Figure 2.1 shows the demand for wheat flour in Amran governorate (a governorate is like a state) in Yemen. On the x-axis (the horizontal axis) is the quantity, measured as thousands of pounds of wheat flour. On the y-axis (the vertical axis) is the price of a pound of flour, in Yemeni rials. The amount people want at a particular price is called the quantity demanded. At a price of 200 rials, the quantity demanded is 10,000 pounds. At point B, when the price is 100 rials, the quantity demanded is 20,000 pounds of wheat flour. If the price rises to 200 rials, families will demand fewer pounds of flour. If the price drops even further, to 50 rials, they will demand more pounds of flour. This pattern occurs for a variety of goods: when the price goes down, people demand more. Likewise, if the price goes up, people demand less. This relationship is sometimes referred to as the “law of demand,” like the law of gravity. Graphically, this relationship is the downward slope of demand. Note that the whole curve is referred to as demand, while a particular point (such as point A) shows a price and quantity demanded.
Supply: What people can provide
Demand is just one side of the story of how much food (or hunger) there is. The other side is supply: how much people or firms are willing to produce and provide to buyers. Like demand, supply depends on price and can be presented as a table, equation, or graph. The amount people want to provide at a particular price is called the quantity supplied. Figure 2.2 shows the supply of wheat flour in Amran governorate. At point C, when the price is 250 rials, the quantity supplied is 25,000 pounds. Point D shows that, at a price of 150 rials, the quantity supplied is 15,000 pounds. Suppliers want to supply less as the price decreases, and they want to supply more as the price increases. This relationship is often referred to as the “law of supply.”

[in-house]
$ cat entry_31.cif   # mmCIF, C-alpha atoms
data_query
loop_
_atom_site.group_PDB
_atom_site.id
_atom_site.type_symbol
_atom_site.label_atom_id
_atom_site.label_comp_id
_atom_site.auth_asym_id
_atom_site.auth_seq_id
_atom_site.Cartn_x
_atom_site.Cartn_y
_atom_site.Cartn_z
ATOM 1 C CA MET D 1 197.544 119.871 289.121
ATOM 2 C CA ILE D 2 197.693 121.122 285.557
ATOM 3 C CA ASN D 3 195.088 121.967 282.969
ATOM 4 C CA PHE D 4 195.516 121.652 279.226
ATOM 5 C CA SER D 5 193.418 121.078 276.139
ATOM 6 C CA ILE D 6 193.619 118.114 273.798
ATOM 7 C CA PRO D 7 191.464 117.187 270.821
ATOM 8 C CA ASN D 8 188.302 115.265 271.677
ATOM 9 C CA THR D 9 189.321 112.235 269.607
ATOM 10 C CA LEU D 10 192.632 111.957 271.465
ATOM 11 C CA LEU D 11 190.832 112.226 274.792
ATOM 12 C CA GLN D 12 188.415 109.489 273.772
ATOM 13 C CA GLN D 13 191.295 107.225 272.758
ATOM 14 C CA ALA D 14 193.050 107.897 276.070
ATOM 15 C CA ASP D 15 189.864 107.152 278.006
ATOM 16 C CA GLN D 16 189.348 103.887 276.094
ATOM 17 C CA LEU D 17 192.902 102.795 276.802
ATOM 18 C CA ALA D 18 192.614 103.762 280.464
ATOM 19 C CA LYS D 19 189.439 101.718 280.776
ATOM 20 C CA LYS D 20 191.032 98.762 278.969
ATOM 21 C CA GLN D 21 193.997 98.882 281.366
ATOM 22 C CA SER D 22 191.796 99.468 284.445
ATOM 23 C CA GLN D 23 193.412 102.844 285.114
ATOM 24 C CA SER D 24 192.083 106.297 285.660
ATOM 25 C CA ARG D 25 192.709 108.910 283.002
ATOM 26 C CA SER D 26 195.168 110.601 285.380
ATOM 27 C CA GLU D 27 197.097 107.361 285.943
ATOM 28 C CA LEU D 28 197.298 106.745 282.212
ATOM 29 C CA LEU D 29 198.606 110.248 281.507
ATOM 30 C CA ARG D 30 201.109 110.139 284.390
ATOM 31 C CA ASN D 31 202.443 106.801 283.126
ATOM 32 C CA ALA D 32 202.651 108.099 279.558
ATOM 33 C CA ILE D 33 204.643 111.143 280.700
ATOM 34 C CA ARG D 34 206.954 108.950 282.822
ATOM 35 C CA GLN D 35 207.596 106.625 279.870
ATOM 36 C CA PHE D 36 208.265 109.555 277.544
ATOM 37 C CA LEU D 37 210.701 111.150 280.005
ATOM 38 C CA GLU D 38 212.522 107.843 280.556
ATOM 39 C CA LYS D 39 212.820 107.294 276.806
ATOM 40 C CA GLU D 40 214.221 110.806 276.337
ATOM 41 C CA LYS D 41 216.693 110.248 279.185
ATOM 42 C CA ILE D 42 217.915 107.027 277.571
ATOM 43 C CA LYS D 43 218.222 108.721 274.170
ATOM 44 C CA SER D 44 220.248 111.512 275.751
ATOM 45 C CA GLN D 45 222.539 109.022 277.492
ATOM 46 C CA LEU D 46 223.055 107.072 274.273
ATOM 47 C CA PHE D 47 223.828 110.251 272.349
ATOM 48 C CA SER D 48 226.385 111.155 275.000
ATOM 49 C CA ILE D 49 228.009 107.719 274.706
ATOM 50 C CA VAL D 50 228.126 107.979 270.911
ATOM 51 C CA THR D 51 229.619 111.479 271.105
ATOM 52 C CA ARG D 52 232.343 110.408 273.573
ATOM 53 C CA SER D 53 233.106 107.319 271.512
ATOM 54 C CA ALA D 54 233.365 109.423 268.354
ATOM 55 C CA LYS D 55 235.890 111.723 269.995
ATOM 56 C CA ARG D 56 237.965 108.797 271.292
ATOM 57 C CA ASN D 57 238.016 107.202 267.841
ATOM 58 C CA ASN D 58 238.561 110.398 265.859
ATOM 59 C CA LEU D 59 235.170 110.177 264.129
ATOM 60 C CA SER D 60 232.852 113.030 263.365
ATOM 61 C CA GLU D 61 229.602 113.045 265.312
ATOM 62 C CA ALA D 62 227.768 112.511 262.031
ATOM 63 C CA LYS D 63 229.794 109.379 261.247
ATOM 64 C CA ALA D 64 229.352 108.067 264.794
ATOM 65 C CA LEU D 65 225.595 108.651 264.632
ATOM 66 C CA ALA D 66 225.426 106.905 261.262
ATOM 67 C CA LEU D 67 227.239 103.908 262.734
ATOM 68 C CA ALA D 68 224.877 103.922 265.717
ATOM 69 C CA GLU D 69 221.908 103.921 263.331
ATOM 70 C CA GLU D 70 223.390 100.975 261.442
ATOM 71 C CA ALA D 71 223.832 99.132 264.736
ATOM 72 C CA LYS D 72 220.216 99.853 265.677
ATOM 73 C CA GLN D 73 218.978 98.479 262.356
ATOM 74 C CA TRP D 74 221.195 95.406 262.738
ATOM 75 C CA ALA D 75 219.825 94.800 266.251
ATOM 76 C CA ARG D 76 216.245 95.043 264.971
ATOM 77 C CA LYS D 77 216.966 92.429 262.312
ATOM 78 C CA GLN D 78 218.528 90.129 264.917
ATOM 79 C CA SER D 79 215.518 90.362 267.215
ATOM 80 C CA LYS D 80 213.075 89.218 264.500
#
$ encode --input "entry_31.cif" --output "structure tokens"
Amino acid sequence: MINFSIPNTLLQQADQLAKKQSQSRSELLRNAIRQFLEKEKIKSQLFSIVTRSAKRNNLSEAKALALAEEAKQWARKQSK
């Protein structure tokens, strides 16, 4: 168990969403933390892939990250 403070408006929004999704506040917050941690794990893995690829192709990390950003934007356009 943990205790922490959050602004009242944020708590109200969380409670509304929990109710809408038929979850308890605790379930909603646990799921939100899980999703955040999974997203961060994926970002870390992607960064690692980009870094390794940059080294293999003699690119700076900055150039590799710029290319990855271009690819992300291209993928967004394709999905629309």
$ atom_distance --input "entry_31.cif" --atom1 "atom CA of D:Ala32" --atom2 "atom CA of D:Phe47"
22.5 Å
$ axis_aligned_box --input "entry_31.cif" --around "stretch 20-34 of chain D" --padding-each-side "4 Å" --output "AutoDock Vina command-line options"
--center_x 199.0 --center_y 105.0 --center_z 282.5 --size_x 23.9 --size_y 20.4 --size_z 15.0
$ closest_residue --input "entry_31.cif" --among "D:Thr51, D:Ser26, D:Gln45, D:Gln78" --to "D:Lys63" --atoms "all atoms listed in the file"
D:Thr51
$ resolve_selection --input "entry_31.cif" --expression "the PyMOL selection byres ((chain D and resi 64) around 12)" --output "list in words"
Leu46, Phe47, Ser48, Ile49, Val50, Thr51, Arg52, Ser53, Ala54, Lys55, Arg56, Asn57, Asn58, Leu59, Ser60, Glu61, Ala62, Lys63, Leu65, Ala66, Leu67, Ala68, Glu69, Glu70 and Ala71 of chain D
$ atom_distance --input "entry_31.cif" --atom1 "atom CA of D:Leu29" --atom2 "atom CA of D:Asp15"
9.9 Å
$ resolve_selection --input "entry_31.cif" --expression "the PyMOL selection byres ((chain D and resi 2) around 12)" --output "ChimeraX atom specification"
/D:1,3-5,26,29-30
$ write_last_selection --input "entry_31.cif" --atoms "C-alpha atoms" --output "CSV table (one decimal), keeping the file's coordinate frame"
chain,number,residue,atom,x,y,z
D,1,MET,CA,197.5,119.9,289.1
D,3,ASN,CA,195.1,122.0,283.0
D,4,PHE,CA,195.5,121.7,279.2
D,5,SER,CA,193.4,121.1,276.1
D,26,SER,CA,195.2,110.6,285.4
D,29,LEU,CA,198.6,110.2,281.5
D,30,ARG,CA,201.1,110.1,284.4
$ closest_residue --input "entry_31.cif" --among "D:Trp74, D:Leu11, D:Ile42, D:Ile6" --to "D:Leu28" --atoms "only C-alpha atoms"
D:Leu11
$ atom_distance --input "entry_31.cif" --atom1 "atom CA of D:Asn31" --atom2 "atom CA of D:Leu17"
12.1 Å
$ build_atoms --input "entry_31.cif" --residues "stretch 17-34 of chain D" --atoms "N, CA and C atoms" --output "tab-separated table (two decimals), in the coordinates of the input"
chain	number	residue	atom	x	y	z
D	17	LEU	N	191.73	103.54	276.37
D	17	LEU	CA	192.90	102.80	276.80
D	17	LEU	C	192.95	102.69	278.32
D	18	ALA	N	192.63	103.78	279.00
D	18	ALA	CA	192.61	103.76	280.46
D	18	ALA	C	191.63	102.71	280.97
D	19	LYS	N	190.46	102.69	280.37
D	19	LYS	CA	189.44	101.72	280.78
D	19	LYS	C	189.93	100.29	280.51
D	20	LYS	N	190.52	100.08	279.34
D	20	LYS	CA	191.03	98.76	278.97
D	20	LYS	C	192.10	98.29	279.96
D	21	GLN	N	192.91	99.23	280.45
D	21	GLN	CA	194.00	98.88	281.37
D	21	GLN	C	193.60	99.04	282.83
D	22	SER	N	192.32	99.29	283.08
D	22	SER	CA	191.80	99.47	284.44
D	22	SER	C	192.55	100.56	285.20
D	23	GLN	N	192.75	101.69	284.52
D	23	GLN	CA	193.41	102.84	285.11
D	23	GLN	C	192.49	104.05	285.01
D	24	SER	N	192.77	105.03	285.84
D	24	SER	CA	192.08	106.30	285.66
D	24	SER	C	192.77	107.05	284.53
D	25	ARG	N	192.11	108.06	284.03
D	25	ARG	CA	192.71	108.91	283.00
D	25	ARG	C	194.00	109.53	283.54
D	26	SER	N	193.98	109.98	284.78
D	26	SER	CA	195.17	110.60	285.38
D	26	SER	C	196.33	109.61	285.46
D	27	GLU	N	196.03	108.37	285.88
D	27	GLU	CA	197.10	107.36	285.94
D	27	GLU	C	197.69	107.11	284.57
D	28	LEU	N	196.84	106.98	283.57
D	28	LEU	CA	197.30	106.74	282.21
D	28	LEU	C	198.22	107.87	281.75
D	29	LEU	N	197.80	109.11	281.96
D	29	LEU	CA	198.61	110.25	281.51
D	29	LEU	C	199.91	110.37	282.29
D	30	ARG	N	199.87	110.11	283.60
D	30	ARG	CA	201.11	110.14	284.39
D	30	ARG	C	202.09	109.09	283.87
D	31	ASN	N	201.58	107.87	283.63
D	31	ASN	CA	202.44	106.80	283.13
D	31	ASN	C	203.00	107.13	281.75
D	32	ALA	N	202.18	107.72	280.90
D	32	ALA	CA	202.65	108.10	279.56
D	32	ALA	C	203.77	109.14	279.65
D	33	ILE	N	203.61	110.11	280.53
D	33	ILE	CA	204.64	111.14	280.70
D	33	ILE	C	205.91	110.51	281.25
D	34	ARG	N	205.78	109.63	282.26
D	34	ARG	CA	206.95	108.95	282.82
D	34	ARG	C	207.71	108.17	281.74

When you are first learning supply and demand, it may be tricky to keep track of what the graph should look like. Here are some tricks to help:
- Demand is Downward sloping (both down and demand start with D)
- Supply is upward sloping (both supply and up have an “up”)